–        Hacking cars (Charlie Miller and Chris Valasek demonstrated this);

–        Controlling the city – traffic lights / blackouts (Has New York’s traffic light system been HACKED?)

Is it really possible to hack all these things using a mobile phone?

Of course, in real life, hacks are about a lot more preparation from the criminals’ side – it’s not about tapping on smartphone, using ready-to-go exploits.

For example, how ATM attacks happen: criminals load an exploit and some malware onto a removable USB device. After connecting the USB device to the ATM, the exploit allows the intruders to gain high-level system privileges and launch the malware. It could be a backdoor controlling the ATM’s OS, for instance. After that the ATM is effectively hacked – all that remains is for the criminals to pick up the money from this ATM.  The final stage ― making an ATM spill out banknotes ― doesn’t involve smartphones.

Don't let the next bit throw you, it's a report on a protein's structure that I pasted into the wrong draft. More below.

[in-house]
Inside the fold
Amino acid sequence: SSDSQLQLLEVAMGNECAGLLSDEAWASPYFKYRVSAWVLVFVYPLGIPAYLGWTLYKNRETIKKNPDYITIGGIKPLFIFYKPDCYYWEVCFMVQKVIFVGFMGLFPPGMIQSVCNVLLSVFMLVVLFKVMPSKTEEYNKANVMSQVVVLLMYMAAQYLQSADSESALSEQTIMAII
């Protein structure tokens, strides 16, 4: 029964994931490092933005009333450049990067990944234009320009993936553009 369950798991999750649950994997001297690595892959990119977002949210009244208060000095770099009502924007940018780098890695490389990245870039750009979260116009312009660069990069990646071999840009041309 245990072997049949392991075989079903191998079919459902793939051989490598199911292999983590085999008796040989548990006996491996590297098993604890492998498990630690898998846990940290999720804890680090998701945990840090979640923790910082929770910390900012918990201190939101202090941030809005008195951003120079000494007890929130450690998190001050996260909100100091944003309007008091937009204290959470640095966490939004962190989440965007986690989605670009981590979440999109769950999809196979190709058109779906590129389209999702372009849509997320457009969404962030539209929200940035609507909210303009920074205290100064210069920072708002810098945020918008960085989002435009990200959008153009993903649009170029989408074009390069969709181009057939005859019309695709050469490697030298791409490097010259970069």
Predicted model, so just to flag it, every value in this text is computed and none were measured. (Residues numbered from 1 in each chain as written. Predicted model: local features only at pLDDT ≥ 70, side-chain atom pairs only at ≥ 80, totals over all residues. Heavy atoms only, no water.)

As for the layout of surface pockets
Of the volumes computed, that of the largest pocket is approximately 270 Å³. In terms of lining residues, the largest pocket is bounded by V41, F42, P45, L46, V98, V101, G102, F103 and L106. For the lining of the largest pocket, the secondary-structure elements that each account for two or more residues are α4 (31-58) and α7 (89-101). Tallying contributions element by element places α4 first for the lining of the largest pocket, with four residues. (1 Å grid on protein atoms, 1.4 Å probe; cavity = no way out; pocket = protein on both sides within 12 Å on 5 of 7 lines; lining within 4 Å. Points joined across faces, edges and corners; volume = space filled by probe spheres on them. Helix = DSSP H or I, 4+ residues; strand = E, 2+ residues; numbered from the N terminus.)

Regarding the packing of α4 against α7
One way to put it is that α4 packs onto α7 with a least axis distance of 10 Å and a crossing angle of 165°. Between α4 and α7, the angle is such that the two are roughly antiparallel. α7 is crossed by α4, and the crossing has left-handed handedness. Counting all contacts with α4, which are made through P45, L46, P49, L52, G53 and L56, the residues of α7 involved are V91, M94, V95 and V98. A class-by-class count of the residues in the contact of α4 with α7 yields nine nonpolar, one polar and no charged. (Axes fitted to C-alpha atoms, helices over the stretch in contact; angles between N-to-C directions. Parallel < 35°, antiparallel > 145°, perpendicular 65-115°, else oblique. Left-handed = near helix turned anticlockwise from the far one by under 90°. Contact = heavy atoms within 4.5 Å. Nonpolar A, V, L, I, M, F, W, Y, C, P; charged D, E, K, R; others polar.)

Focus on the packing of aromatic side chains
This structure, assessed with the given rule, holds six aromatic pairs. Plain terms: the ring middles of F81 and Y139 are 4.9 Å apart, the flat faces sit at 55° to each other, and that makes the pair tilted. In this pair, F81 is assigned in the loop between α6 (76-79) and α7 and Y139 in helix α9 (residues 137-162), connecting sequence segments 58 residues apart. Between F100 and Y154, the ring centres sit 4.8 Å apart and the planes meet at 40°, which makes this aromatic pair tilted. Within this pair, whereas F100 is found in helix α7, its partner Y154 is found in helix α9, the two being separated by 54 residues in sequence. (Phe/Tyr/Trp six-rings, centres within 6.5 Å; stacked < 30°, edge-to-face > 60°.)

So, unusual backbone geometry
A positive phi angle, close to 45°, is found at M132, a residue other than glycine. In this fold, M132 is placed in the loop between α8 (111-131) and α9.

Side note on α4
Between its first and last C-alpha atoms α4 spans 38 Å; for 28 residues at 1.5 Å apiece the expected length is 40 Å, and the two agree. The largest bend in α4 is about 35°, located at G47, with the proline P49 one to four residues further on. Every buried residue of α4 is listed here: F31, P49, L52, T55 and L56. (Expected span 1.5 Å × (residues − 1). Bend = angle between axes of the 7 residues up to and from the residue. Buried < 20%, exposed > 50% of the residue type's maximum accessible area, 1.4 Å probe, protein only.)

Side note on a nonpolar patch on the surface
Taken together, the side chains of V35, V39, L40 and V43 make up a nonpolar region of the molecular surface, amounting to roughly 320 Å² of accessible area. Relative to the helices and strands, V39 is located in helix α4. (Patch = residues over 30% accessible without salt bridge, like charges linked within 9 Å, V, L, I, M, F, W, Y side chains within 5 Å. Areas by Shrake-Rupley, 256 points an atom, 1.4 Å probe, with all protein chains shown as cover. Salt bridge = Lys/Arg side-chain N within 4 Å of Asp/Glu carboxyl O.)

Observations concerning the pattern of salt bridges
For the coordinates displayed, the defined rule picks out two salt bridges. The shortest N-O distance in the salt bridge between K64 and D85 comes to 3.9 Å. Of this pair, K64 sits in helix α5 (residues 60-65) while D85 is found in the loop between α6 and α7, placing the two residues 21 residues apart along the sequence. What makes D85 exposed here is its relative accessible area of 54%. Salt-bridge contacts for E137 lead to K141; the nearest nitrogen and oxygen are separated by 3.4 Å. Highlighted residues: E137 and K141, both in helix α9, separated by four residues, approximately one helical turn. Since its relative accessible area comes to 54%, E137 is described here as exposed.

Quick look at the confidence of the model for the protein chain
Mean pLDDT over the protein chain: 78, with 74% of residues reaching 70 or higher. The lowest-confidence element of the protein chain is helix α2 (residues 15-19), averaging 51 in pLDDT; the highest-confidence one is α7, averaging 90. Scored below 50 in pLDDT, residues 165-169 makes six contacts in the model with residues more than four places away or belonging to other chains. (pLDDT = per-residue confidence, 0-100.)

Don`t you think that cybercriminals can use the game for their own ideas to hack and control a big city?

We hope that this game will be a chance for people to think about the security of future city operating systems. Security must be considered seriously in such cases. The game is an interesting simulation of how this might run if it’s misused.


Can you name one real-life security incident which can be considered the scariest?

Most of the hacks that you see in the game are about automated control systems being compromised. This is a new and scary trend that started several years ago, since the appearance of the Stuxnet worm, which hit industrial control systems. It was an example of how a computer program can break things in the real world. They actually broke physical equipment. And that’s what we see in the game. It’s becoming more and more realistic.